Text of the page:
Bangladesh are close to finishing their tour of the West Indies and North America as they have only two T20Is remaining in Florida. The Caribbean part of the trip however ended with a 2-1 ODI series victory that can only be seen as a consolation prize after the debacle in the Test series.
It should have been a tour of dominance for the Tigers against the home side if the respective strengths of the sides are considered, but ultimately Bangladesh ODI skipper Mashrafe Bin Mortaza had to rejuvenate the team to make a comeback in the three-match ODI series after a demoralising 2-0 Test series defeat. Then it was no surprise that under Shakib Al Hasan's leadership the team went down badly in the first T20I -- a format that remains undiscovered territory for Bangladesh.
Despite the ODI series win, the results on tour have only served to deepen pre-existing areas of concern surrounding Bangladesh -- namely how long this team will continue to use the Big Five as a crutch. Hidden in that question are deeper issues surrounding the juniors' inability to take the baton and the lack of quality players in the pipeline. In this light, the future of Bangladesh cricket does seem bleak.
How has the most resource-rich sport in the country reached such a state of gloom? It certainly has not happened suddenly; there are some reasons behind the downtrend.
“We only expect smartness from the players and overlook it when it comes to smart planning and policy. It's a different issue when it comes to extraordinary talent but in general you have to have a smart coach, smart planning and policy in place for the rest. But does it exist in our cricket administration? The overall picture is not good and I think the lack of proper planning and policy is the reason behind the downtrend of our cricket,” believed former Bangladesh national team assistant coach Mohammad Salahuddin, who is mentor to many national and upcoming stars.
“Look, Shakib [Al Hasan], Tamim [Iqbal], Mushy [Mushfiqur Rahim] have had that initiative to become a good international player and the way they analyse their performances for every series is really amazing. That may not be the case for the next generation of players but you have to consider the atmosphere in which they grew up. If you go back to the planning and coaching [when the current seniors were coming up] you will find the difference,” he continued.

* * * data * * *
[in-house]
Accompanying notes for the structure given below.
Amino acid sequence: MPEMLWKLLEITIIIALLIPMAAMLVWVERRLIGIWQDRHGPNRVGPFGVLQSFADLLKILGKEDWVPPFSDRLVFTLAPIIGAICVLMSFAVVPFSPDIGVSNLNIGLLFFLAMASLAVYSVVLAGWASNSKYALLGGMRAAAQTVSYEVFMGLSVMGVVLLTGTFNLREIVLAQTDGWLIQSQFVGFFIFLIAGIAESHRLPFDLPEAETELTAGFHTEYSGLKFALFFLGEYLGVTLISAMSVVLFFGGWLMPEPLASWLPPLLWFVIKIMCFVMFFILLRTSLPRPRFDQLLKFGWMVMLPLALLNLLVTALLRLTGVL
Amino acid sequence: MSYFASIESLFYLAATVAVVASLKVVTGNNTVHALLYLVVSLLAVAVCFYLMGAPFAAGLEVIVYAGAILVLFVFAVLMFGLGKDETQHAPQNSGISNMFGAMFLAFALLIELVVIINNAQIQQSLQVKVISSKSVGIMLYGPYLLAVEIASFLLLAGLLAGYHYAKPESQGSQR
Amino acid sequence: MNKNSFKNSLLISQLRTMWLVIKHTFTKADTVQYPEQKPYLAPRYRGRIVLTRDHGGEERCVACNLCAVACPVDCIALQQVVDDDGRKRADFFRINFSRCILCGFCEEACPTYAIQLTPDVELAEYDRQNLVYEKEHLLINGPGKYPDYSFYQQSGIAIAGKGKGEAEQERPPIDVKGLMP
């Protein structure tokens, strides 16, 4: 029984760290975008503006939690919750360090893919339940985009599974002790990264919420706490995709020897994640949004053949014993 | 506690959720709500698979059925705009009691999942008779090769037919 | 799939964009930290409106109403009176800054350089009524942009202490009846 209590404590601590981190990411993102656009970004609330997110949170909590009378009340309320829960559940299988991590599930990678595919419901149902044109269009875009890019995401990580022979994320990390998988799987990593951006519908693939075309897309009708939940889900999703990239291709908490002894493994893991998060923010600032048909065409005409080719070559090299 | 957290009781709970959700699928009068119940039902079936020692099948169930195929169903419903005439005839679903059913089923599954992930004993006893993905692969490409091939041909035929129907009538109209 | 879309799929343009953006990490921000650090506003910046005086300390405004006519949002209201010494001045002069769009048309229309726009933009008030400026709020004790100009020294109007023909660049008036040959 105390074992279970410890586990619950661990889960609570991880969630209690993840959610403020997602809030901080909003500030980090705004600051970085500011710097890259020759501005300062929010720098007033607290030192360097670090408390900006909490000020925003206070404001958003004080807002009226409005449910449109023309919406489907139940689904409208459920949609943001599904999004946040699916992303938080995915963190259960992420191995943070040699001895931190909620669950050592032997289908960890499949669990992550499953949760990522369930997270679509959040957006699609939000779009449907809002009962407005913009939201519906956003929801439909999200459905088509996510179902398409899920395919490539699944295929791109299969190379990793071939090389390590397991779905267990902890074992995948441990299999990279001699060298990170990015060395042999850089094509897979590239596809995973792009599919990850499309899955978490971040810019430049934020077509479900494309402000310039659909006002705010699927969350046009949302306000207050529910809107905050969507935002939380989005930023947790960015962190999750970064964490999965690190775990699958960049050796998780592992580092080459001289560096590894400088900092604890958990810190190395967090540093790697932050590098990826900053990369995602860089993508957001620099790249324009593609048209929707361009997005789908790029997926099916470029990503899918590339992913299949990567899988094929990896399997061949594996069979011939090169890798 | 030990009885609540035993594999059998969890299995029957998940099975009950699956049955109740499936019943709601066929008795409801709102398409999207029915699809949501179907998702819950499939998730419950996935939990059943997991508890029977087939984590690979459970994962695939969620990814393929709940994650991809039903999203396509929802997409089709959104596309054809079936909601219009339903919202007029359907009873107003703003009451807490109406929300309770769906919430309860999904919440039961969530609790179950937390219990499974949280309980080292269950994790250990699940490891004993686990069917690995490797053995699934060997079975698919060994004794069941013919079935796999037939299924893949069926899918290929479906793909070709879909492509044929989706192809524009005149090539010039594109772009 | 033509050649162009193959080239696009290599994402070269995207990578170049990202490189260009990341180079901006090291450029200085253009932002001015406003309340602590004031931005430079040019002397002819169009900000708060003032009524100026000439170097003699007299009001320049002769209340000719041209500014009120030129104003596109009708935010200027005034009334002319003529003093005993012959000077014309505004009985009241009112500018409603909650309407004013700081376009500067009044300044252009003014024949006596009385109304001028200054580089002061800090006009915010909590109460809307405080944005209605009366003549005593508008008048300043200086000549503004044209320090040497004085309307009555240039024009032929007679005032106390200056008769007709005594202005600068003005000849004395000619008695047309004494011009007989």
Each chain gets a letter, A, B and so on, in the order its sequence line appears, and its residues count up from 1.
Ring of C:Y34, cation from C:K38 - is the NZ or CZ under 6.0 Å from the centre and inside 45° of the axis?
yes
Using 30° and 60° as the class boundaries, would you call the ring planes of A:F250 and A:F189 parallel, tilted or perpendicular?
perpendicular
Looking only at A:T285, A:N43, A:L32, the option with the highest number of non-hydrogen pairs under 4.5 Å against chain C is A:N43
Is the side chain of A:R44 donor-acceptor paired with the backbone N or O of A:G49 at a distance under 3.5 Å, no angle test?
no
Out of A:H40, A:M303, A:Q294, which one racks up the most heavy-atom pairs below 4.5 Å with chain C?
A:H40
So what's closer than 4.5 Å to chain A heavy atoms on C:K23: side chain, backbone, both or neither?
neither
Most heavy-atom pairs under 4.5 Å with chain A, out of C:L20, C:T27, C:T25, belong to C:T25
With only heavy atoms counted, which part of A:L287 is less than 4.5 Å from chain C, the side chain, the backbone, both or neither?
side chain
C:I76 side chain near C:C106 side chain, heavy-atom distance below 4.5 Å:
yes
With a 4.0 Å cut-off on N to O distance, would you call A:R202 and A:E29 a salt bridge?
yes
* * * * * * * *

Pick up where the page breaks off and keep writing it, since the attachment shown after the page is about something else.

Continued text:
“Yes, Tamim had a problem with leg-stump deliveries and he corrected it through his own initiative, whereas Soumya [Sarkar] has been making the same mistakes time and again. But I cannot understand how a batsman like Anamul Haque played three innings in three different styles [in the three ODIS against West Indies]. Why do you consider a batsman like Soumya without making technical corrections after he failed to score at every level and was dismissed in the same manner? Why would you select Ariful [Haque] ahead of [Mohammad] Saifuddin? We have suddenly picked up some young players for T20 cricket and then threw them away. No long-term planning exists but we still expect good results,” he said.
He also gave his take on the reason behind the batsmen's failures in the Test series. “I think the lack of good preparation was the reason behind it. All the batsmen premeditatedly went on the back foot to handle the West Indies bowlers, which really surprised me. Our pace bowling is nowhere near international standard, but is there anybody in the administration to ask our two fast bowling coaches [Courtney Walsh and Champaka Ramanayake] why we are so poor in this department and what we need to do? Most alarming is that we don't have quality pace bowlers in the pipeline.”
Salahuddin warned that Bangladesh may even suffer in their favourite 50-over format in the future. “See, our average players get the chance to play seven to eight one-day matches in a year during the DPL; so there is a chance that we will face the music in the future. With a faulty domestic structure and without long-term policy and planning we cannot go far beyond sporadic success, especially at home.”